A: First Unitarian identified as a Christian church until 1970. The Unitarian movement was profoundly impacted by humanism from the turn of the 20th century, culminating in the Humanist Manifesto in 1933. First Unitarian remained on the conservative side of Unitarianism. While a number of humanists attended the church, the official descriptions of the church identified it as Christian. Its Christian identification is why it renamed itself The Church of Our Father in 1877 and kept that name until about the mid-20th century.
When Dr. Alan Deale became the new minister in 1970, he announced that the church was a church for all seekers and no longer identified as Christian. The way had been paved for this change by a Buddhist Unitarian interim minister, Robert Swain, who removed the Christian cross from the chapel early in 1970.

Q: Which minister was on the government's "subversive" list?

A: Dr. Richard Steiner was on the Portland Police Bureau Red Squad's list in the late 1930s. The Red Squad was formed in 1934 and quickly assembled a list of 10,000 names of individuals said to be subversive. Dr. Steiner was on the list because he was very prominent in the ACLU, opposed the criminal prosecution of a Communist longshoremen accused of the crime of being a Communist who attended a public meeting, and supported some causes associated with democracy in Spain. Steiner was unaware of the file, which the police used publicly to besmirch him when he ran for the school board. Upon discovering he had a file in 1937, Steiner preached publicly against the practice. His sermon helped stir local opposition to the Red Squad. The next year the National Lawyers Guild, led by its President First Unitarian congregant Allan Hart, released a report that seriously undercut the Red Squad.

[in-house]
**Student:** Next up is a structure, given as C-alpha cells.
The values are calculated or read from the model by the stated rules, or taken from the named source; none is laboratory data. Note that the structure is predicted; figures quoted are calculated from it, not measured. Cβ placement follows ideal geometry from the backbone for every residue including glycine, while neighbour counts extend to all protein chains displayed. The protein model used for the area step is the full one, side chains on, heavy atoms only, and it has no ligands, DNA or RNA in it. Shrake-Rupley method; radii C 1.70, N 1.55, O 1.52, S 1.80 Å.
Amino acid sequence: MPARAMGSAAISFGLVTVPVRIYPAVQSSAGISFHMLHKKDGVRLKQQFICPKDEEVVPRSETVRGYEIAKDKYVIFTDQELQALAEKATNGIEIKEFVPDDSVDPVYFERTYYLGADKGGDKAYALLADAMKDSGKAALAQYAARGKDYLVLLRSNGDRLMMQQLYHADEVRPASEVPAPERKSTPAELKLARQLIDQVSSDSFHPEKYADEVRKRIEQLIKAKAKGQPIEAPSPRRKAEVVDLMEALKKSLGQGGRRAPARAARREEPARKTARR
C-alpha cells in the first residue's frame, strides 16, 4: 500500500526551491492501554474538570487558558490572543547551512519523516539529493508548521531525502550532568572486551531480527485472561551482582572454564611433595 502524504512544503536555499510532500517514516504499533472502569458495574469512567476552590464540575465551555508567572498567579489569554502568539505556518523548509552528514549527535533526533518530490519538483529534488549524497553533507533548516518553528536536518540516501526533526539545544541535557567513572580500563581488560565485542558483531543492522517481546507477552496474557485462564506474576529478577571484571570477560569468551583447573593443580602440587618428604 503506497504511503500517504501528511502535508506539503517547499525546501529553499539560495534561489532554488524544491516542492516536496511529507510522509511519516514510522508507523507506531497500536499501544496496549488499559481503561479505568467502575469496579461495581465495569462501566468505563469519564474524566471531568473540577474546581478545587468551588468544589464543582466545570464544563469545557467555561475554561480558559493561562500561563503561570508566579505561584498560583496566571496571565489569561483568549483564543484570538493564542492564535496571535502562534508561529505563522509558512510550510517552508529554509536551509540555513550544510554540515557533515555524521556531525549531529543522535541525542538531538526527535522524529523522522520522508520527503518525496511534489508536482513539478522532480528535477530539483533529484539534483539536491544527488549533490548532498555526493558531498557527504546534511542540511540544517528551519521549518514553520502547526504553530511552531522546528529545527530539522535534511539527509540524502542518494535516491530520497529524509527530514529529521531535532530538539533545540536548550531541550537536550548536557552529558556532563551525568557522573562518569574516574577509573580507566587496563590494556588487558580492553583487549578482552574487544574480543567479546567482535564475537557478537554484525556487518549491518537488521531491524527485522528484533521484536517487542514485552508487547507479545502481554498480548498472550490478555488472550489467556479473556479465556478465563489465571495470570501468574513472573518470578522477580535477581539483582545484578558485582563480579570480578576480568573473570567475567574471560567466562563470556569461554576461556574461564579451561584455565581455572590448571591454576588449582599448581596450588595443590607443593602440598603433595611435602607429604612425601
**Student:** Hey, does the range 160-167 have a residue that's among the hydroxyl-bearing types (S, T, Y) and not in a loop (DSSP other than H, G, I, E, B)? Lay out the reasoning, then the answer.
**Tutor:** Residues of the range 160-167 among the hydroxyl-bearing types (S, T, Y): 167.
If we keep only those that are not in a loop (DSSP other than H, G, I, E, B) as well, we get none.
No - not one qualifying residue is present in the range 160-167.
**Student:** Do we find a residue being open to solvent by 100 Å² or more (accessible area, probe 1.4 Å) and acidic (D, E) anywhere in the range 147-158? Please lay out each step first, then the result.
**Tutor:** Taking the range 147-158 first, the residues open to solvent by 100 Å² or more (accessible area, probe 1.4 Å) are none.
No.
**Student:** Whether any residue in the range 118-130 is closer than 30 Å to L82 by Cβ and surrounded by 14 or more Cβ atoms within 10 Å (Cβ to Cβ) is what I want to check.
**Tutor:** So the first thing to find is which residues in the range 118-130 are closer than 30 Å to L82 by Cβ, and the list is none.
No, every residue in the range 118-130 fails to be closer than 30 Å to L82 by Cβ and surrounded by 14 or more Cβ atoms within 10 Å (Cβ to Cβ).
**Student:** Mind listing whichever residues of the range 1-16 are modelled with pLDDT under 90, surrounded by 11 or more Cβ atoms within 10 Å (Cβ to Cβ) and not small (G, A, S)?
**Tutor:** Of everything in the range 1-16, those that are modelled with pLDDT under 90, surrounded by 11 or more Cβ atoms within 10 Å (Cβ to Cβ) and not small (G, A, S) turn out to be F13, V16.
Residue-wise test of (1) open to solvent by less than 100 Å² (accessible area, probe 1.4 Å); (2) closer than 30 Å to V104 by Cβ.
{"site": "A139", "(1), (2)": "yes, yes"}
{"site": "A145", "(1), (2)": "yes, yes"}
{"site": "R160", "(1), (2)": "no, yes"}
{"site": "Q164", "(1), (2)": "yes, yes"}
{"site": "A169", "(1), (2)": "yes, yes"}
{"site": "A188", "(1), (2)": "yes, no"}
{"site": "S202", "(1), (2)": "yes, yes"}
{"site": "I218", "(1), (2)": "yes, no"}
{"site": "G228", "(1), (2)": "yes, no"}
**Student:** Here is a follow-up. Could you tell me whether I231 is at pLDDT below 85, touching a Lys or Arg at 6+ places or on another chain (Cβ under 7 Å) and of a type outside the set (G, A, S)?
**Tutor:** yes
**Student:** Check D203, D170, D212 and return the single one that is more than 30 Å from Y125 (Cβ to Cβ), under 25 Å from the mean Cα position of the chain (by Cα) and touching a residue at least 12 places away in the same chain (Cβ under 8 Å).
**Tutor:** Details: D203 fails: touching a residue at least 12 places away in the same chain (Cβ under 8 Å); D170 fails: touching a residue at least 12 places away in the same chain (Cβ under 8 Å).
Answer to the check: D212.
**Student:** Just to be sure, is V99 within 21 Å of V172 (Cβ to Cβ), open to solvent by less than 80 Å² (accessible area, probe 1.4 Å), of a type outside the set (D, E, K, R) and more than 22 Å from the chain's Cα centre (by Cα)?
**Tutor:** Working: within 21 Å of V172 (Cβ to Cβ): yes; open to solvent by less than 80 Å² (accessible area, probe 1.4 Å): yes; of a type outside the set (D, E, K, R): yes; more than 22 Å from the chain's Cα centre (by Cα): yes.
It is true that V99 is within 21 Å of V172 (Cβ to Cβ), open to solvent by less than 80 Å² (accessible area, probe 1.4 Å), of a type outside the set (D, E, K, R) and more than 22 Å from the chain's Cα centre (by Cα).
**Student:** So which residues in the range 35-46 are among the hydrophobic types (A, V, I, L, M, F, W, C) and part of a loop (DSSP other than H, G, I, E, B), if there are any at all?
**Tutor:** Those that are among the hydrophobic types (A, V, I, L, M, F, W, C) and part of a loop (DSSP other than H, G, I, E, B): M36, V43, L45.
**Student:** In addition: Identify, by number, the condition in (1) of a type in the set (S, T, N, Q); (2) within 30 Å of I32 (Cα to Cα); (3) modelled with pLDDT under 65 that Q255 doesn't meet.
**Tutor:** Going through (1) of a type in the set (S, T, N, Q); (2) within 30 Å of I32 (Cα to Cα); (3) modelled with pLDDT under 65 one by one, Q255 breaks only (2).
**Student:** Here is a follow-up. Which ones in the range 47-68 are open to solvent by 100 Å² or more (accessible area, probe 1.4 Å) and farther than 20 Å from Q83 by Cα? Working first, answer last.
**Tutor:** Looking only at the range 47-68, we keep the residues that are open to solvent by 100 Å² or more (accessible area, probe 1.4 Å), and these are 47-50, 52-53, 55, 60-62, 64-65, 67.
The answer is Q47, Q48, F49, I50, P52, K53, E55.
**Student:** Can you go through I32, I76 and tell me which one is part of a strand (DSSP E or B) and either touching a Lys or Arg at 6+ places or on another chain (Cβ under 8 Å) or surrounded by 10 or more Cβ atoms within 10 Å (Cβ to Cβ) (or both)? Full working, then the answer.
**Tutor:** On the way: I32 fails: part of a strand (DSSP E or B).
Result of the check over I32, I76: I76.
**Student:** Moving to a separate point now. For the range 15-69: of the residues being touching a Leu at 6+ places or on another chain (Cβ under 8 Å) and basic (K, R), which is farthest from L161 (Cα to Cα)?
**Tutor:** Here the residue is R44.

Q: Who was the first woman to preach at First Unitarian?

A: In 1874, Eliot invited Universalist minister Rev. Augusta Chapin, the second female minister ordained by the Universalists, to preach at First Unitarian. Eliot didn’t tell his parishioners or the press that she was conducting the service because he was concerned that Portlanders were so opposed to female ministers that they would stay away. She won over her audience and a month later attended a state organizing convention for the Universalists.

Q: Some accounts of the church history claim that the KKK picketed the church. What happened?

A: In the early 1920s, the Ku Klux Klan revived nationally. One of its largest chapters outside the south was in Oregon. The Klan attacked Catholics, Jews, most immigrants and people of color. In 1922, the Oregon Klan backed an anti-Catholic ballot measure that required all children to attend public schools.

First Unitarian's minister, Rev. William Eliot, opposed the ballot measure in the church's May 1922 newsletter. On Sunday May 7, Eliot arrived at church to conduct services and found two Klansmen in the vestibule wearing masks. Eliot assumed they were there in response to his article and told them that he was not in favor of the Klan and opposed to doing things in masks. He then realized that they were there to distribute a notice about their public lecture and went into the church. His father, Thomas Lamb Eliot, arrived later, refused to take their literature and spoke to an usher, who persuaded the men to leave. Some accounts of this story claim the Klan picketed the church but there is no evidence of that.